Coronavirus in Maryland

Maryland to Postpone Presidential Primary Election

“This is going to be much harder, take much longer and be much worse than almost anyone is currently understanding," Maryland Gov. Larry Hogan said Monday

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Maryland will postpone its presidential primary until June to protect citizens from the spread of the novel coronavirus.

The primary will be held on June 2 instead of April 28, Gov. Larry Hogan said Tuesday.

The Maryland State Board of Elections has until April 3 to propose a voting plan that will protect the public, Hogan said. A special election for the state's 7th Congressional District, represented by Rep. Elijah Cummings before his death in the fall, will move forward in April under a vote by mail system.

The Maryland governor has taken some of the country's more serious steps to enforce social distancing. All schools, restaurants, movie theaters, bars and gyms have been closed in an effort to stop the spread of coronavirus. Restaurants still can offer carryout, delivery and drive-thru service.

Large group gatherings are banned, and Maryland State Police have promised to levy consequences on violators.

Violating an executive order during an emergency in punishable by a fine of up to $5,000 and one year in jail, or both, Maryland State Police say.

Hogan also encouraged Marylanders to stop "panic buying," or stocking up unnecessary levels of supplies. He suggested people share with neighbors in need.

The governor pushed the federal government to speed up their response and ability to test for coronavirus. Neither Maryland nor other states have enough test kits to meet demand, Hogan said.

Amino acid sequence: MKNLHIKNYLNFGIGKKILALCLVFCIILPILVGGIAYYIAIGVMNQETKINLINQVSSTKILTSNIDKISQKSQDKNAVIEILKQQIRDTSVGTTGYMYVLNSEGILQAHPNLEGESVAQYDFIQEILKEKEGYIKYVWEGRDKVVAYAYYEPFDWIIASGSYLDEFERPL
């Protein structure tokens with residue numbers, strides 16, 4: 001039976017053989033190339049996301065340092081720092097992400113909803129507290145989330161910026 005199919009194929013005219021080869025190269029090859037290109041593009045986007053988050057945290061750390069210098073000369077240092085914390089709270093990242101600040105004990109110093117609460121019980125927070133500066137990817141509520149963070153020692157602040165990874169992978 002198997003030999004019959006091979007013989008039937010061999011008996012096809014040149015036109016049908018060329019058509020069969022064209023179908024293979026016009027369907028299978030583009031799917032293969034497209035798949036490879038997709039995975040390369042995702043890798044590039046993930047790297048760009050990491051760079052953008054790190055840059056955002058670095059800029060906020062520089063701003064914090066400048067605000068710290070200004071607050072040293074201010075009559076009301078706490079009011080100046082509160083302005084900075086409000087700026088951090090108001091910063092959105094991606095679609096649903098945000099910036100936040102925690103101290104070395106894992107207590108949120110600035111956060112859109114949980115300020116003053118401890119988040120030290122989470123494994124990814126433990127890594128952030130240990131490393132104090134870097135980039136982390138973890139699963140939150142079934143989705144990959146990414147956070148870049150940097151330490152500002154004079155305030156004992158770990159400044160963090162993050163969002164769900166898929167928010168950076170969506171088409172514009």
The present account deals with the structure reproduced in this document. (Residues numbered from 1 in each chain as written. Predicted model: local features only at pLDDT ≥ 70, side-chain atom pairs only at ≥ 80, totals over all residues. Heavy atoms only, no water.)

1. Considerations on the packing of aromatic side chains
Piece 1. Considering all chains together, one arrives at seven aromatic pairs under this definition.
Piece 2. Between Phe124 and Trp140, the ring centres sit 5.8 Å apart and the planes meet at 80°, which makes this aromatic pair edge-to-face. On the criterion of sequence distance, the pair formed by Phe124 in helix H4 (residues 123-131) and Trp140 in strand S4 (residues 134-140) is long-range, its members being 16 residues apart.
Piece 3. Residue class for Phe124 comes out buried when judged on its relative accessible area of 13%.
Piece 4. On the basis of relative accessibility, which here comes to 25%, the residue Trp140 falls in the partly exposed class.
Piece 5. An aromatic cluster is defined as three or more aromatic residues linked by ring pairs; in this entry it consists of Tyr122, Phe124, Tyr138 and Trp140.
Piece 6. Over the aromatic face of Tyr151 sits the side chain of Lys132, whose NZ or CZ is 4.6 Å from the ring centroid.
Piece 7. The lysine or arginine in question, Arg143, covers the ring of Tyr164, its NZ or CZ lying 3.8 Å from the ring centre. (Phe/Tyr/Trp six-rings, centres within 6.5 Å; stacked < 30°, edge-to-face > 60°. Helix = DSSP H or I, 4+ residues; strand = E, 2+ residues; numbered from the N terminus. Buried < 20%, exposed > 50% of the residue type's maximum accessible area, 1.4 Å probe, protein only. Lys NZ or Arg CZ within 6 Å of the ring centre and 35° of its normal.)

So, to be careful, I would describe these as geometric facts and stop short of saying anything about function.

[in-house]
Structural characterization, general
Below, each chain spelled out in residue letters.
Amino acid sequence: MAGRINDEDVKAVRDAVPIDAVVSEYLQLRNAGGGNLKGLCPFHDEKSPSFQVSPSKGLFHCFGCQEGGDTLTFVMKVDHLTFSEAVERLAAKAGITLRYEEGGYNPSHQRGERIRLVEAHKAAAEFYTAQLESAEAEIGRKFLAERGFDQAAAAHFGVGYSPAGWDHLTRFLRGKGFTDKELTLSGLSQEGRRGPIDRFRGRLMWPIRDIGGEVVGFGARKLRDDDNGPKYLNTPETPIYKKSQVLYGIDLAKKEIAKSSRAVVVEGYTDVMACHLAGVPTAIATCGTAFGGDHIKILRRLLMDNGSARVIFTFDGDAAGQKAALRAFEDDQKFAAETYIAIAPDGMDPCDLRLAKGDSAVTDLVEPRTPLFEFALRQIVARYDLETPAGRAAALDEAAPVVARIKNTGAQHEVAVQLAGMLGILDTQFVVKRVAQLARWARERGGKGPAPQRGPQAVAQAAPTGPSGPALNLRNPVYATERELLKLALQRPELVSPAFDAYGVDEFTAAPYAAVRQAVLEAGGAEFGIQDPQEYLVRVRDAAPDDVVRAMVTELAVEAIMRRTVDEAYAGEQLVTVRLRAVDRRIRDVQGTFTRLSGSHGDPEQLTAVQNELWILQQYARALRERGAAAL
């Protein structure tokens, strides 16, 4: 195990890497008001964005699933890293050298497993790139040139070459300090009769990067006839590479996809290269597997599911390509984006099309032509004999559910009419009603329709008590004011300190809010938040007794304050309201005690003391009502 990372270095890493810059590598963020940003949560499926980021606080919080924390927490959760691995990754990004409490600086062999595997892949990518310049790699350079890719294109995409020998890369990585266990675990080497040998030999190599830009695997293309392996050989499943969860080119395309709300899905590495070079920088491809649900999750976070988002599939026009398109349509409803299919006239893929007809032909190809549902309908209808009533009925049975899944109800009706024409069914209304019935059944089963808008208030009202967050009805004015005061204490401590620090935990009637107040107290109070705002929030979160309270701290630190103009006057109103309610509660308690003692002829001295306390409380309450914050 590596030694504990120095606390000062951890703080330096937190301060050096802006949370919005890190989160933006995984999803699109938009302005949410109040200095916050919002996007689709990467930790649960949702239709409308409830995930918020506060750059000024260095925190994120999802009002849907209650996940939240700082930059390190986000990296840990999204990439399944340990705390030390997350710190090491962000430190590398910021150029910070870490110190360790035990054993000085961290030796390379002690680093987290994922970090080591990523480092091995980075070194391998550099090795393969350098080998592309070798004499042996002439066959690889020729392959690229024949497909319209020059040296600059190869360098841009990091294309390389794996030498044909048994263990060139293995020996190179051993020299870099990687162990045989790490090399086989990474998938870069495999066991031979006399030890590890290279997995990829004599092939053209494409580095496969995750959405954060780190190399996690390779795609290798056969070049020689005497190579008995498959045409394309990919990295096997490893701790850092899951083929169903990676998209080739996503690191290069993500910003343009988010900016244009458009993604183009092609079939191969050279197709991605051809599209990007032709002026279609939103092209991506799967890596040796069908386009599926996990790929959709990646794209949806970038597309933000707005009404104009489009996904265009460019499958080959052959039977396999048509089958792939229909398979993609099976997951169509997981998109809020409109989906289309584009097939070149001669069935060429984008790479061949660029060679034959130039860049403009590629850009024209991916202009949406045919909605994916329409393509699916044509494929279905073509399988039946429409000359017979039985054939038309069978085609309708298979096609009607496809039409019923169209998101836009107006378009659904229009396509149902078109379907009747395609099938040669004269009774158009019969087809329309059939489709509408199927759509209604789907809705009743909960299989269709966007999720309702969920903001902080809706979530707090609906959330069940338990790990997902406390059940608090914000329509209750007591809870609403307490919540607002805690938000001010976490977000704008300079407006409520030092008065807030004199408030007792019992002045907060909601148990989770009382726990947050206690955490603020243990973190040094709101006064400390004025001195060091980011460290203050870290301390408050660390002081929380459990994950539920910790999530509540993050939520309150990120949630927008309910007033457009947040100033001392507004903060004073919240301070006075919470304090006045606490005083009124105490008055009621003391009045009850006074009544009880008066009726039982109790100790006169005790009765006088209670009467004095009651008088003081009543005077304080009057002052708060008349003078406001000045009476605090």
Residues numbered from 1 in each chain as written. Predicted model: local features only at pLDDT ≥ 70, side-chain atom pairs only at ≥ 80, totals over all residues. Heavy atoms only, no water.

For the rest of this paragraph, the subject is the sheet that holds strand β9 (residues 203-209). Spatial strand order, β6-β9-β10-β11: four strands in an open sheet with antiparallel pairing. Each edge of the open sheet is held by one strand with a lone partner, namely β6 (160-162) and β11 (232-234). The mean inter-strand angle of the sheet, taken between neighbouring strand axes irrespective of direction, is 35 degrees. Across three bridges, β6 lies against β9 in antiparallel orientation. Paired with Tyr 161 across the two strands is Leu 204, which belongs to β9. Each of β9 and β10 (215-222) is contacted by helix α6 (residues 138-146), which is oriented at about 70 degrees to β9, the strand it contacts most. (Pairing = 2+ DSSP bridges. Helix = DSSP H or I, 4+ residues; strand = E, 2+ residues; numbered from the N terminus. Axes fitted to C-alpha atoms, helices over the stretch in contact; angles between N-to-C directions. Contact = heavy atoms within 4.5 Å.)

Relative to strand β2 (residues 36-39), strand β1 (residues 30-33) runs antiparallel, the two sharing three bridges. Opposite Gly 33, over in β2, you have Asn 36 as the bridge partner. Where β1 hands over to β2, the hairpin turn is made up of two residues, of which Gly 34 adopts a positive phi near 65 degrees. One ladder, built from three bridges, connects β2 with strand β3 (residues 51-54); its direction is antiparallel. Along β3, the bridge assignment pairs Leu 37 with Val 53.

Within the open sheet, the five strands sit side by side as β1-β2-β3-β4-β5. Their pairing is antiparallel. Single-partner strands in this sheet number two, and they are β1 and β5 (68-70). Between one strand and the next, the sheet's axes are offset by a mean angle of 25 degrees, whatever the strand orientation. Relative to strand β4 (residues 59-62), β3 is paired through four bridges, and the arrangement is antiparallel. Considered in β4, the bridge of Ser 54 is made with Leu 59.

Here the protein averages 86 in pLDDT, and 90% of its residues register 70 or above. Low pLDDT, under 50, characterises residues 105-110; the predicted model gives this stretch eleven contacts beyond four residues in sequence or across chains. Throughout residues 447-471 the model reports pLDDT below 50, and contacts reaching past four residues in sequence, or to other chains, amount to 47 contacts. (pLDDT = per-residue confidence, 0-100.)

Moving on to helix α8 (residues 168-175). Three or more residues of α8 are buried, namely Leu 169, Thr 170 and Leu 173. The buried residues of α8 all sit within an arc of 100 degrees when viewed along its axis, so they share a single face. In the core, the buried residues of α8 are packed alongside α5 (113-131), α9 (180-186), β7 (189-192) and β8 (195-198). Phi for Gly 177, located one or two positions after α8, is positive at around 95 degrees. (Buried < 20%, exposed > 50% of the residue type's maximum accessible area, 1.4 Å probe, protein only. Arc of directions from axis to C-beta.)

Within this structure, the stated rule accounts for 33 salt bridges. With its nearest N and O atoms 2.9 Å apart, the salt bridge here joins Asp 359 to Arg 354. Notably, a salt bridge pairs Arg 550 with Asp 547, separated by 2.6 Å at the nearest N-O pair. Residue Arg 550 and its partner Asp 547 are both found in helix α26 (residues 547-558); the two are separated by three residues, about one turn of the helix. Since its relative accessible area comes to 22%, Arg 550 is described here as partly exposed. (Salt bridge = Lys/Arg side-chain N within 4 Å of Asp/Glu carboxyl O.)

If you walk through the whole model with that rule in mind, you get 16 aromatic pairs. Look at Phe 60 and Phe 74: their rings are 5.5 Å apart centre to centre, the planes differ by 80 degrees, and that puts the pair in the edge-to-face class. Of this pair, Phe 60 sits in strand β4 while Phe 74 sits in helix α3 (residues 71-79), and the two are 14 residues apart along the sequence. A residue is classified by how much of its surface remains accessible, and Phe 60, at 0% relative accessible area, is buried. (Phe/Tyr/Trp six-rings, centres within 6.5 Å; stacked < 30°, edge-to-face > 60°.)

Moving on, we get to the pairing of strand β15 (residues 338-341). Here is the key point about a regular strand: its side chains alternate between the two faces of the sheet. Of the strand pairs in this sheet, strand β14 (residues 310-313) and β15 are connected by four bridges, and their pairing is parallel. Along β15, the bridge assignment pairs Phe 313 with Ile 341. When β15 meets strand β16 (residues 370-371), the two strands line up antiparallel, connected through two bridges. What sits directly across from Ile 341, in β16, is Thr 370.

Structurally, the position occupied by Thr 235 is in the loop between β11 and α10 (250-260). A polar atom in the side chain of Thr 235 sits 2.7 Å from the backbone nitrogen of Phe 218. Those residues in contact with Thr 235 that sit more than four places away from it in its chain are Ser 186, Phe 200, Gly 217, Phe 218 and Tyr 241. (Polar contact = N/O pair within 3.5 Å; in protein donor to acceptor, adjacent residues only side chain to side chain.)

"Testing is a problem, the equipment is a problem. And these are issues that we're trying to address," Hogan said.

The governor said he would like to implement drive-through coronavirus testing, but said that other states failed miserably after thousands of people crammed in, overloading the system.

"I would like them opened yesterday," Hogan said. "But [other states] crashed and failed."

Hogan on Tuesday announced more measures that could impact residents' daily lives or future plans, especially in terms of travel and transport.

All residents are urged to avoid unnecessary travel.

At Baltimore-Washington Airport, steps will be taken to enact social distancing including enforcing carry-out only rules at restaurants. MARC train service and all other public transit services will be cut in half beginning Wednesday.

On the roads, the state will only allow cashless tolling. Most driver's license tests will be postponed, except for commercial drivers licenses.

The Preakness, scheduled for May 16, may be postponed until September.

"If we do nothing, the numbers are catastrophic and the curve goes up like this and it overwhelms the health care system," Hogan said. He went onto say that closing schools made a dramatic difference in the steep increase in cases.

On Tuesday morning, health officials updated the state's coronavirus case count to 57, higher than D.C. or Virginia. Montgomery County is the hardest hit.

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